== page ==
New Jersey man, 27, found dead inside a tanning bed at a Crunch Fitness gym

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    Jan 26, 2018 9:59 PM GMT

    Wow, when its your time, its your time, def one of the more bizarre stories about death

    I wonder what could have caused his death? Those tanning beds are wired to shut off in case of water or electric shock, electric shock is the only thing that comes to mind, this would be the first death inside a tanning bed? I think we have all tried one in our life icon_eek.gif





    http://www.dailymail.co.uk/news/article-5317811/New-Jersey-man-dead-Crunch-Fitness-tanning-bed.html?ITO=1490&ns_mchannel=rss&ns_campaign=1490




    Nicholas Ricigliani, 27, was found dead at the gym in Hamilton, New Jersey
    Gym employees found him inside the tanning bed on Monday, police say
    No foul play is suspected and an autopsy will determine his cause of death



    489C212A00000578-5317811-image-a-21_1516
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    Jan 26, 2018 10:41 PM GMT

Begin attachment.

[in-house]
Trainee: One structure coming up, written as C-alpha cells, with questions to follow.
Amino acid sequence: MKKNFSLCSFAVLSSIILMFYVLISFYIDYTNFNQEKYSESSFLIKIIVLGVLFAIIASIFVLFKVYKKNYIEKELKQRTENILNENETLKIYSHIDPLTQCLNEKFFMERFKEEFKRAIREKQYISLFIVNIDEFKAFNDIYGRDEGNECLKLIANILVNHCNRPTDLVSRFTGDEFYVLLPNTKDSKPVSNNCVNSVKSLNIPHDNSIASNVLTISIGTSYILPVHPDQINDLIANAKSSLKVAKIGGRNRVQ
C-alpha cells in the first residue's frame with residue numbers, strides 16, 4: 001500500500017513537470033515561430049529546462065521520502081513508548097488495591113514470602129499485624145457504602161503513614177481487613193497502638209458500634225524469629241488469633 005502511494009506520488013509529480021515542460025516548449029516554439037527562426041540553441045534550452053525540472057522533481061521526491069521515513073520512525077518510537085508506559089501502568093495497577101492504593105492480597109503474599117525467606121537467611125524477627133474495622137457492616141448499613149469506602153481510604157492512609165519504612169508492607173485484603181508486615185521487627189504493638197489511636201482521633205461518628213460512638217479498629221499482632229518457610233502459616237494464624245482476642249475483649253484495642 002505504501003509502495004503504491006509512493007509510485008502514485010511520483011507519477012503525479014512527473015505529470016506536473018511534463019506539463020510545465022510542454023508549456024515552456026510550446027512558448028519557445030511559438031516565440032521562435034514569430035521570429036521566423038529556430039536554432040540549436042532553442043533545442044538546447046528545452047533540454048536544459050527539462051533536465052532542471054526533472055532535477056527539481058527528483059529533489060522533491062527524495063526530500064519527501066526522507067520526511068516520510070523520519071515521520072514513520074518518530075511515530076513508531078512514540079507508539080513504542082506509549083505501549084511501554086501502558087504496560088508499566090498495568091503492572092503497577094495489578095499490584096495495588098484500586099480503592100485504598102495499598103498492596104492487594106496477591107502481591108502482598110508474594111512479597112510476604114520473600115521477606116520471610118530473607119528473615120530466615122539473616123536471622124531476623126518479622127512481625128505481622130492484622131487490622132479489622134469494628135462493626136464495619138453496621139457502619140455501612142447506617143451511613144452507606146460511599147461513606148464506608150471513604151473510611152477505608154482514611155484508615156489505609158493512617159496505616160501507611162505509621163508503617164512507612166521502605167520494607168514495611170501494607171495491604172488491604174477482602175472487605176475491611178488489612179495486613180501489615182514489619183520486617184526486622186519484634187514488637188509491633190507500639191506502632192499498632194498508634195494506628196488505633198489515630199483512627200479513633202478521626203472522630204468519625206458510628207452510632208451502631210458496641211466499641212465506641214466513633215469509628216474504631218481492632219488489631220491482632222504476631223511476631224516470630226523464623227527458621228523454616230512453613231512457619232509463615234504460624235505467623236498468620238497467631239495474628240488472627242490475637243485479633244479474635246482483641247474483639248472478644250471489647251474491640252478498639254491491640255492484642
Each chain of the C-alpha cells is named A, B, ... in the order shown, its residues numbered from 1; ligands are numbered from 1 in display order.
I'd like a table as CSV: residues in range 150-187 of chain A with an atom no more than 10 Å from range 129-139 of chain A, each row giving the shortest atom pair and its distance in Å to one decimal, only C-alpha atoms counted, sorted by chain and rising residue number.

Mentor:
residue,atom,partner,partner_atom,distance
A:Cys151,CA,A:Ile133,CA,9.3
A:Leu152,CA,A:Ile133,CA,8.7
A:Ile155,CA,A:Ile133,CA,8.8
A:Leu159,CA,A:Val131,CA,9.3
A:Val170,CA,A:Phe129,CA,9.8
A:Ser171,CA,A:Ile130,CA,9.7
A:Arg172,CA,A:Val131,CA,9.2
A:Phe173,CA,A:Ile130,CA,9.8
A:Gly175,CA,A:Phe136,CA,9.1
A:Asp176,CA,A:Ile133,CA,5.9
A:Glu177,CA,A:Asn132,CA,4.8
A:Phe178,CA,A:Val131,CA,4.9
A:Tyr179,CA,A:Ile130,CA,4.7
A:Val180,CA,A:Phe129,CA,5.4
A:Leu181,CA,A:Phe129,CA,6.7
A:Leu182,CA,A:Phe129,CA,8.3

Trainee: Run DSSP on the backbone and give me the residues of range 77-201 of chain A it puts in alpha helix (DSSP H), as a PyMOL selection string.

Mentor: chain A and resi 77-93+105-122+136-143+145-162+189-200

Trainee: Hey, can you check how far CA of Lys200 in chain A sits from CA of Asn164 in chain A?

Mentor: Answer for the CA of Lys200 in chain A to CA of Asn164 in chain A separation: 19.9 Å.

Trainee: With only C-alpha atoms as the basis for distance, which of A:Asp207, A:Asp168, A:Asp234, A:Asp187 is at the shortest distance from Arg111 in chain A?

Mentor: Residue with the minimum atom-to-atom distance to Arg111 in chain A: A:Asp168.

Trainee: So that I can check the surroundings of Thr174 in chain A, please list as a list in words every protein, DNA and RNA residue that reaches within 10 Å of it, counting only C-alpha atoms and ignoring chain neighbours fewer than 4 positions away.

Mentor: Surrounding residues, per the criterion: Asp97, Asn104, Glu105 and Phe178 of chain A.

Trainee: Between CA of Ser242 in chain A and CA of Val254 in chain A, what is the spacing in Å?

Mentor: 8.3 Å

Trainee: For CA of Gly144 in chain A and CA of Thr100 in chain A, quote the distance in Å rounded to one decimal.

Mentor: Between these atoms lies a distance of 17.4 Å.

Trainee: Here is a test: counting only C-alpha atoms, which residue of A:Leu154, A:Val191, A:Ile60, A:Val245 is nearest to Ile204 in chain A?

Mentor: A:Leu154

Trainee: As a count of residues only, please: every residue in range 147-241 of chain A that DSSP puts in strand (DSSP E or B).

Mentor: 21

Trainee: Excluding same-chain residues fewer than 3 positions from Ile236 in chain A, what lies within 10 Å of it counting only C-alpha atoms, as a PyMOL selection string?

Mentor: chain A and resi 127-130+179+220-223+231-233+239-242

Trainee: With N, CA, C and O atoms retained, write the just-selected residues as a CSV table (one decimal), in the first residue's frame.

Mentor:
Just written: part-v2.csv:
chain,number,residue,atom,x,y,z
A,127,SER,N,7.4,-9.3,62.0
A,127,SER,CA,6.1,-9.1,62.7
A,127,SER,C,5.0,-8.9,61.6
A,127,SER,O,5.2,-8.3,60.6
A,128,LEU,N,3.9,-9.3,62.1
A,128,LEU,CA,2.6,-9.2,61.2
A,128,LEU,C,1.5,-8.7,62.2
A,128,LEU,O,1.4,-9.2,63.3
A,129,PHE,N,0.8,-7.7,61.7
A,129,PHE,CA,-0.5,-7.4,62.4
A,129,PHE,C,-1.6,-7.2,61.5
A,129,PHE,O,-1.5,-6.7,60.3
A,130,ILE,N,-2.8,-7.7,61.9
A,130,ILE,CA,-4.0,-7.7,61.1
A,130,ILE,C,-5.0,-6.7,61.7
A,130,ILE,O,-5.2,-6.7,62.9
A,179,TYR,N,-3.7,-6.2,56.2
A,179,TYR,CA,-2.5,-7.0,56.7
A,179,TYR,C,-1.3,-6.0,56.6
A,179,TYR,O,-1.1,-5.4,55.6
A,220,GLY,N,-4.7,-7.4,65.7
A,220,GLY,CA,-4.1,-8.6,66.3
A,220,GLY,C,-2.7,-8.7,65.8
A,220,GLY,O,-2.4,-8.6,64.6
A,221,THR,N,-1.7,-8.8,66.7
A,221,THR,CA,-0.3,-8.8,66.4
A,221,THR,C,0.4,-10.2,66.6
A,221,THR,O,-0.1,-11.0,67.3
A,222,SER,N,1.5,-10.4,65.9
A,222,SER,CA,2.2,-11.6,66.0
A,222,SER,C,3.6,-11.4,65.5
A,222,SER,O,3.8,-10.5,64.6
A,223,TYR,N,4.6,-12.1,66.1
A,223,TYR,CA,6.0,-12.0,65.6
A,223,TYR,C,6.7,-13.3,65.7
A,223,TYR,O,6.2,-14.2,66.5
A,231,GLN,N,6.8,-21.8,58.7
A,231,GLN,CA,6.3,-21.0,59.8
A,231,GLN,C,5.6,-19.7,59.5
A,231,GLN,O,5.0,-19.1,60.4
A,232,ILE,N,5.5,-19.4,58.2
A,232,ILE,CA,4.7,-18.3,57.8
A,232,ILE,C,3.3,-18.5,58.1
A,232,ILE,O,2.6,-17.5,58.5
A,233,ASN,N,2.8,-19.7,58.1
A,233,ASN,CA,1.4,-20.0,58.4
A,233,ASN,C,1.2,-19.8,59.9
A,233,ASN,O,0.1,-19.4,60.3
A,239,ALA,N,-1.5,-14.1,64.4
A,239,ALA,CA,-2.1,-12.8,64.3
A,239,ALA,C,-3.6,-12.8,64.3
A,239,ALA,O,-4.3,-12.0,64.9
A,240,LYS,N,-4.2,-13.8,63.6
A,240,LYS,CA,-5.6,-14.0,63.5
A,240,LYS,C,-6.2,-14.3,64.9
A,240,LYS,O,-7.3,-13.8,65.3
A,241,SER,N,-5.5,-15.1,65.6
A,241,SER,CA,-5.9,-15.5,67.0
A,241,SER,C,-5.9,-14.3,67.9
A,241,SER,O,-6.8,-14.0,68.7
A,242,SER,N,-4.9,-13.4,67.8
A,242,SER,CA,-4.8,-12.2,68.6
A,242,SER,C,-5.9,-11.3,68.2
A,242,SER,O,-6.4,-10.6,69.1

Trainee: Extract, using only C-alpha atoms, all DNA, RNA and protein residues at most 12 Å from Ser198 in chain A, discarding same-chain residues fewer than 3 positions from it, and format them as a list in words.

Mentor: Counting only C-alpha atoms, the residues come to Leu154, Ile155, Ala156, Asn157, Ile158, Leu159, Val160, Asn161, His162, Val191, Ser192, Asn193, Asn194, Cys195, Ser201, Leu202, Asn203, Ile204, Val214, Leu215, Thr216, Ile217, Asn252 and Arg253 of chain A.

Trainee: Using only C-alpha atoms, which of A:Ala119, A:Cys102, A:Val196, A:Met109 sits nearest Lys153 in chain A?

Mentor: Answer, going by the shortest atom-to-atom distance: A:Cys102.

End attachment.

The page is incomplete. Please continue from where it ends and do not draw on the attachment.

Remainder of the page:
Could be any number of causes. Heat comes to mind. People also die in saunas and steam rooms. Before using the tanning bed he may have just completed a strenous workout in the gym, which was the principle cause. Young people with undiagnosed heart problems can die during or following athletic exertion, even teenagers. The autopsy will hopefully provide the answer. A sad story for one so young.
  • interesting

    Posts: 858

    Jan 27, 2018 4:06 AM GMT
    ElnathB said
    ...this would be the first death inside a tanning bed? I think we have all tried one in our life...

    Proud to say I have never been in one, not a fan of tanning
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    Jan 27, 2018 4:55 AM GMT
    art_deco saidCould be any number of causes. Heat comes to mind. People also die in saunas and steam rooms. Before using the tanning bed he may have just completed a strenous workout in the gym, which was the principle cause. Young people with undiagnosed heart problems can die during or following athletic exertion, even teenagers. The autopsy will hopefully provide the answer. A sad story for one so young.